7 adjusting to new methods (e. tailored) courses are relatively popular.don¶t. 6 to specialist fields/individual professional skills. In a more recent plan for the project Music education in a multicultural society it . The report itself forms an important sign of growing interest in professional development amongst European conservatoires and the Association Européenne des Conservatoires.) More or less the same counts for future needs of teaching staff. followed by common educational courses/periods/seminars and guest speakers/teachers (absolute numbers however are not very high. because answers vary enormously and. 11 to pedagogical skills. Individual (specific.g. 3 to further education abroad and 3 to further education elsewhere (other conservatoire). but stimulate individual initiatives either by own budgets or financial support from European/national government or other external sources. It and multimedia). as a result. Académies de Musique et Musikhochschulen (AEC). coaching) and/or new curricula. NB: replies are not based on multiple choice lists (open questions). many forms are mentioned with only one or two replies. though this gives a bit clearer image: 14 replies to technology (including general. Only 3 refer to adjusting to a new type of students (different background/working field).
Other relevant figures: Table C7. otherwise year mentioned. from 1997. by age and gender (table C7. Why is it still so uncommon for professional musicians to be involved in further (µlife-long¶. sources.4: Participation in job-related continuing education and training in the previous year by employed adults by highest level of educational attainment (94-95) . occupation.. but also questionsSound Links ± Full Report 88 regarding the road before and after higher education should be raised.1. by industry. appendix 10) Results in tables are split up into national results (OECD countries) and totals/averages. post-graduate) training?´ Specialised information. usually with reference figures from 1990.argues: ³Not only questions connected to higher education itself will be necessary.2: Percentage of job-related continuing education and training courses. that were financially supported.. by sources (employer-/government-supported.3: Mean number of course hours per employee in job-related continuing education and training in the previous year. mean number of hours per course) Table C7. and firm size (1994-95) Table C7. and references · Relevant tables and figures (from OECD website): Participation in job-related continuing education and training in the previous year by employed adults.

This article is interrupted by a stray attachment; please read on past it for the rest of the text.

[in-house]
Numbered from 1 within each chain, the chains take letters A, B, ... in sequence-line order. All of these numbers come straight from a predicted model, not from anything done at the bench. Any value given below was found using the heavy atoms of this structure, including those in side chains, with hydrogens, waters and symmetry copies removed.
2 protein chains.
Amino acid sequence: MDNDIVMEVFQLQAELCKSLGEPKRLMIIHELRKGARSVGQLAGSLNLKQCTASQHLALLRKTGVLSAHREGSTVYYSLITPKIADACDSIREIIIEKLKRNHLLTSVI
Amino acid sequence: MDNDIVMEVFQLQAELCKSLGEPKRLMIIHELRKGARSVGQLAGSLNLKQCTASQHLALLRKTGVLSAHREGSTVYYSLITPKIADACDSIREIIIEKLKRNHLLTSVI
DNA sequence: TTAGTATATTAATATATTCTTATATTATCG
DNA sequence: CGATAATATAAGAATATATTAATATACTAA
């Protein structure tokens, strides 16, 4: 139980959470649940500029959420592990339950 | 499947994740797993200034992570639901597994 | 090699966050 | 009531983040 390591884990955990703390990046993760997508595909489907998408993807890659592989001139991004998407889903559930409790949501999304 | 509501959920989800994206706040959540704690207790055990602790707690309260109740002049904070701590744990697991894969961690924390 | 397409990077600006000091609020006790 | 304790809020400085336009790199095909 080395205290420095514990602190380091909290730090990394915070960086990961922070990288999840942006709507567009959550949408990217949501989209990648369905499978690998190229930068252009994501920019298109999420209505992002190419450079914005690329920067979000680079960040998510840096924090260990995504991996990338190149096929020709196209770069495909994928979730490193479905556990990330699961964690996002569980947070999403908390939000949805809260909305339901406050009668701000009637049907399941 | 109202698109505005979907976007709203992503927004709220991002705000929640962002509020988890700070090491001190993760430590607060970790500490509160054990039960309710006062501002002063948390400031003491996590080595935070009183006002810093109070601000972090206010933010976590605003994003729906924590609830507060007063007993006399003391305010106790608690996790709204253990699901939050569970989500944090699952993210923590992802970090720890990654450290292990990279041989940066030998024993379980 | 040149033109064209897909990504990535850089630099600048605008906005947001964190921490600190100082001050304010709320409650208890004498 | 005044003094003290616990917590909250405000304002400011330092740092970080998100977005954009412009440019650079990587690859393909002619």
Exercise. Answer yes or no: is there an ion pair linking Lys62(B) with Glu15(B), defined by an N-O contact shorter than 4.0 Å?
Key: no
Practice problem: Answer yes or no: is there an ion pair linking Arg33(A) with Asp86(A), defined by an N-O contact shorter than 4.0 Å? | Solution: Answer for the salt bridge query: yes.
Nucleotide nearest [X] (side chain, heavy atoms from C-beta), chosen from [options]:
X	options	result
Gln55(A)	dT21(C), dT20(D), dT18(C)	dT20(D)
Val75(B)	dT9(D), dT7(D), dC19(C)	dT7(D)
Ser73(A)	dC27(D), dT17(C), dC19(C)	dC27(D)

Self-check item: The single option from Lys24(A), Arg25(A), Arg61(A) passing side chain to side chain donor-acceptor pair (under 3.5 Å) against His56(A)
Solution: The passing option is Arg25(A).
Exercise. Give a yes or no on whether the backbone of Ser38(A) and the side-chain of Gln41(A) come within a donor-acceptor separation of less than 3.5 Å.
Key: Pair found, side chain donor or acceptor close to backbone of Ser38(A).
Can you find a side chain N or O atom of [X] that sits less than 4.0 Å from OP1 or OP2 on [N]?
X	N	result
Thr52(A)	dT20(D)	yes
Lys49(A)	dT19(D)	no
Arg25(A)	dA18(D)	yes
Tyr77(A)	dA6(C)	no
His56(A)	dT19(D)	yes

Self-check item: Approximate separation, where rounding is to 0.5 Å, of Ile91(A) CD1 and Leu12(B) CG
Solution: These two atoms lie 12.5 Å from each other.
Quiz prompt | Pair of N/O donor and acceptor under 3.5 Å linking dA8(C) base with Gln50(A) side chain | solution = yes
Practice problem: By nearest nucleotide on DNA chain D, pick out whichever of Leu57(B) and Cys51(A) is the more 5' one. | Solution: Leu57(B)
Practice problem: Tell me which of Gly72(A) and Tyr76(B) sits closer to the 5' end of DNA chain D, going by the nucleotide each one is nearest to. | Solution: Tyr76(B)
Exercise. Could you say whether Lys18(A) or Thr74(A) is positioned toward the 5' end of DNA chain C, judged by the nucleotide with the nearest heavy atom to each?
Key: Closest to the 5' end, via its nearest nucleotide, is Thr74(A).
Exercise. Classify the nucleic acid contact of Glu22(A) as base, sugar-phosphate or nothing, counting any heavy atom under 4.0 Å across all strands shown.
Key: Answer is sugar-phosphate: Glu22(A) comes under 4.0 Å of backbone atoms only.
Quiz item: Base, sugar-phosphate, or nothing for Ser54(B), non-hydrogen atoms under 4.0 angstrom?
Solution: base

For the most recent programmes (from the summer of 2000 onwards). · From sites ECC In-Service Training Programme for Teachers: .7: Perceived barriers to participation in job. and references to documents and publications.Table C7.fr/teachertraining).or career-related continuing education and training among employed adults. music programmes and programmes on coaching skills and similar relevant new teaching approaches. · ECC: In-Service Training Programme for Teachers (http://culture. such a list is not available and prints have been made for each country. This has been scanned on multicultural/intercultural /cultural diversity programmes. For the programmes of the former year.5: Extent of use at work of job-related education and training taken by employed adults. by gender.coe. by source of financial support Table C7.6: Source of suggestion for participation in training or education that was taken by employed adults. Only links to concrete In Service Training Programmes in different countries are relevant. Searching on key µmusic¶ gives a rather undefined and vast list consisting of links to homepages Culture of the Europe of Cultural Co-Operation (ECC) in a large number of European countries. by source of support (94-95) Table C7. the site gives a chronological list including all countries.
a pilot study (1999) focuses on dance. delivery mechanisms. among which several national studies on employability and job choices of graduates in the fields mentioned. skills requirements and gaps. Subjects: progress of graduates. The number of bursaries varies highly: usually places are available for a fixed number of CDCC Member States and participants from the host country. Also bibliography + summary of other research and reports. skills and training needs. Many . Target groups vary from teachers and school principals to school psychologists and school pedagogical advisers. but the balance between the two changes. and/or new approaches to teaching like coaching. as well as the total number (from 5 to 40). national educational umbrella organisations and international bodies like UNESCO.The chronological list of courses and seminars from the summer of 2000 to the summer of 2001 consists of about 40 programmes. Only five of them have any relation to cultural diversity. theatre. but the programmes can also be (co)organised by ministries. music. fine arts and design only (music not included). Host institutions are usually institutions for higher education. · ELIA report (Socrates Thematic Network Higher Arts Education in Europe): Employability Skills for Arts Graduates.